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Guest Post from Deborah Hopkinson

Titanic: Voices From the DisasterI recently reviewed Deborah Hopkinson’s novel, Titanic: Voices From the Disaster. I really enjoyed it, and today on the blog Deborah has written a guest post for us, about the women of The Titanic!
Women of the Titanic
         When I was a teen, the YA market didn’t exist. Oh, there were a few “girl books” out there. But I liked adventure and danger. So I ended up devouring war novels, mysteries, and books about mountaineering and disaster, most of which were probably aimed at men. There are a lot more choices today. But it’s no surprise to me that books like The Hunger Games have such broad appeal.

I never thought of my new book, Titanic: Voices from the Disaster, as being a story that would only appeal to male readers. Kate Winslet’s Rose (from James Cameron’s 1997 movie) may have been fictitious, but some of the real women on board that ship 100 years ago were just as brave and resilient.

Stewardess Violet Jessop was only 24. She made sure all the passengers in her charge were on deck with their lifejackets on before she gave a thought to her own survival. Violet survived, went back to work and became a nurse in World War I. In 1916, she ended up on Titanic’s sister ship, the Britannic (which was being used as a hospital ship) when it struck a mine and sank.

The “Unsinkable Molly Brown”

Charlotte Collyer wanted to stay with her husband, and had to be thrown into a boat. Ida Strauss did refuse to leave her husband, Isidor, and was overheard to say, “We have lived together for many years. Where you go, I go.” In Lifeboat 6, Margaret Brown (who has come to be known as the “unsinkable Molly Brown”) and other women took charge and rowed for hours.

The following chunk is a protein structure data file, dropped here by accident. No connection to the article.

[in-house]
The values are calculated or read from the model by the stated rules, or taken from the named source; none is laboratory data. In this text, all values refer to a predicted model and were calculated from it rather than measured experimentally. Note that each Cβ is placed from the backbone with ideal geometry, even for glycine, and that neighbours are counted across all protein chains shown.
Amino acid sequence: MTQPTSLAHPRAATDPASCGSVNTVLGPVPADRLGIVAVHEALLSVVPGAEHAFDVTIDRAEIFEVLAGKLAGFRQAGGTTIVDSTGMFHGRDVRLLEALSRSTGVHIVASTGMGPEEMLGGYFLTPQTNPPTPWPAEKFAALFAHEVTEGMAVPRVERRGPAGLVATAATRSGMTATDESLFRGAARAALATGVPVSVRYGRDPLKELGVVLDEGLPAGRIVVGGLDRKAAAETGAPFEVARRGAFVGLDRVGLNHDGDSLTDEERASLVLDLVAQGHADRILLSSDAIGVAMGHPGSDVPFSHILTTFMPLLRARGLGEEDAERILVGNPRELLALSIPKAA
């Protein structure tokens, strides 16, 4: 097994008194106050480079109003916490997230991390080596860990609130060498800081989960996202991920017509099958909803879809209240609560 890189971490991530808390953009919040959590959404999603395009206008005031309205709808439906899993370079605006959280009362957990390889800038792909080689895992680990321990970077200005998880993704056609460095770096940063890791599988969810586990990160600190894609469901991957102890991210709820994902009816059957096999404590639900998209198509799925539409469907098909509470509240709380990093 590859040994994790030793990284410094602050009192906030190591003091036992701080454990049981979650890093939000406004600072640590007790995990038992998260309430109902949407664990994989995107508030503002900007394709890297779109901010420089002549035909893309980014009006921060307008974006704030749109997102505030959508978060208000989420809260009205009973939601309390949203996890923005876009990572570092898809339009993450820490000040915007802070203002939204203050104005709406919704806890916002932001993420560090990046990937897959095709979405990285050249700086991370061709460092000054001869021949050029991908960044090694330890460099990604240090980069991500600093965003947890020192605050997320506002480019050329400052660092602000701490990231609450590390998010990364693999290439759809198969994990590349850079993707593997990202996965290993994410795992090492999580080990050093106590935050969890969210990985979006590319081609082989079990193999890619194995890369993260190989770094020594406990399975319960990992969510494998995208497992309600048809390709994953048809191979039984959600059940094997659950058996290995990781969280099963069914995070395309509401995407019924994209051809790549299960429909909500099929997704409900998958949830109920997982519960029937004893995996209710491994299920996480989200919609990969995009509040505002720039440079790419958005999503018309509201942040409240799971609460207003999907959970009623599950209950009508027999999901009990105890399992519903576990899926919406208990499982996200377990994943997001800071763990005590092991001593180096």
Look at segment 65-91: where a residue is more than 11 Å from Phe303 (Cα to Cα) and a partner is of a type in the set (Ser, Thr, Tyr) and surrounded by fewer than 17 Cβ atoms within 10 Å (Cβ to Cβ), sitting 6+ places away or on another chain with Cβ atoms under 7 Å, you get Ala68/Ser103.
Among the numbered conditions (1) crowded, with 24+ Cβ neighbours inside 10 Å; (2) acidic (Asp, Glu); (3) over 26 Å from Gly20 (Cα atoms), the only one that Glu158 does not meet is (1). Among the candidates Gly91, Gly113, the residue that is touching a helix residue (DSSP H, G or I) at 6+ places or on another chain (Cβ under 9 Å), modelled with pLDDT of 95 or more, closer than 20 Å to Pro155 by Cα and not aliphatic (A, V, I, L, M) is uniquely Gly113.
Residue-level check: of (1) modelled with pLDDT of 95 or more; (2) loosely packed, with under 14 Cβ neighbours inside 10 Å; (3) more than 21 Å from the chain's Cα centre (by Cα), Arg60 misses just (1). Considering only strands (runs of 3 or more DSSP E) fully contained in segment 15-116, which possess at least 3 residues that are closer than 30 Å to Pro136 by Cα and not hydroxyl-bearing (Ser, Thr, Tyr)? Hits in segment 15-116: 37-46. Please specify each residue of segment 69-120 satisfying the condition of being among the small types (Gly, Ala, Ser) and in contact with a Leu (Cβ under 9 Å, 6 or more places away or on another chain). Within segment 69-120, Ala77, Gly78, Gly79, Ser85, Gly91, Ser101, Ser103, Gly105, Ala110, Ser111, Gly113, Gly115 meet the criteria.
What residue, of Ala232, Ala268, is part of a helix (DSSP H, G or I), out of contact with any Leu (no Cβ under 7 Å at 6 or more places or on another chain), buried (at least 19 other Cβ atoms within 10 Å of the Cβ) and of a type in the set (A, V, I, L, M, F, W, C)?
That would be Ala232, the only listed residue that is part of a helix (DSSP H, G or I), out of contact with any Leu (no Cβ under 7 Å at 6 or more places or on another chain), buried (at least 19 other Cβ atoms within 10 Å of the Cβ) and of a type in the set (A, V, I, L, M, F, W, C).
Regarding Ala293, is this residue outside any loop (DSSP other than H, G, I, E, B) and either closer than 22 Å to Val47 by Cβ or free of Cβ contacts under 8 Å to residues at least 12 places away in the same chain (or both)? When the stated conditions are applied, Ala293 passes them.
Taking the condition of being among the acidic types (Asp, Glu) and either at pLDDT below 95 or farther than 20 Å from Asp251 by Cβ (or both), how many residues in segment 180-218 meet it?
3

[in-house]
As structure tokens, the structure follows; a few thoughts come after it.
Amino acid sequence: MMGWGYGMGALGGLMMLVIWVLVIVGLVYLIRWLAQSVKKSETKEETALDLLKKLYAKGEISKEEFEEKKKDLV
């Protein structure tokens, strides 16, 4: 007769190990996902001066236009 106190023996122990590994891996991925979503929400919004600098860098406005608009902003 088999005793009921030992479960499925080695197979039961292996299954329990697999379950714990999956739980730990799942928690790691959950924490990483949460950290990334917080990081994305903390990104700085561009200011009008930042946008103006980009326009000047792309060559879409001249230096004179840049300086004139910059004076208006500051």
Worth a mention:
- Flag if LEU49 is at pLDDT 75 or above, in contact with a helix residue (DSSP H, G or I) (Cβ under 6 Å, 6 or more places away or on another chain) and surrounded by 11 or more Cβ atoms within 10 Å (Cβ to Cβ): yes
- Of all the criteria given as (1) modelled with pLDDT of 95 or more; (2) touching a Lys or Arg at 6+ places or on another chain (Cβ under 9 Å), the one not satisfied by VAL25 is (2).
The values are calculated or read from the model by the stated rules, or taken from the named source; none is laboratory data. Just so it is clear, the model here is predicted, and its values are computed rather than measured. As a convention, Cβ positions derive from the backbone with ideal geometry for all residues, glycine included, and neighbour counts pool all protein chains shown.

And then there’s Rhoda Abbott. She’s sometimes known as Rosa, and as the only woman pulled from the water alive may have been the original inspiration for Winslet’s Rose. But the real Rhoda was a 35-year-old divorcee traveling third class with her two sons, aged 14 and 16.

By the time Rhoda and her sons managed to reach the Boat Deck, almost all the lifeboats had gone. She might have been able to get a seat in Collabsible C, but she knew her sons would be considered men and would not be let through. Rhoda was not willing to leave them.

In the ship’s final moments before it sank, Rhoda and her two boys jumped into the water. She lost her grip on them and was pulled into Collapsible A, where she managed to survive until the Carpathia arrived at dawn to rescue the Titanic’s shivering, shocked survivors.

Rhoda never saw her boys again.

– Deborah Hopkinson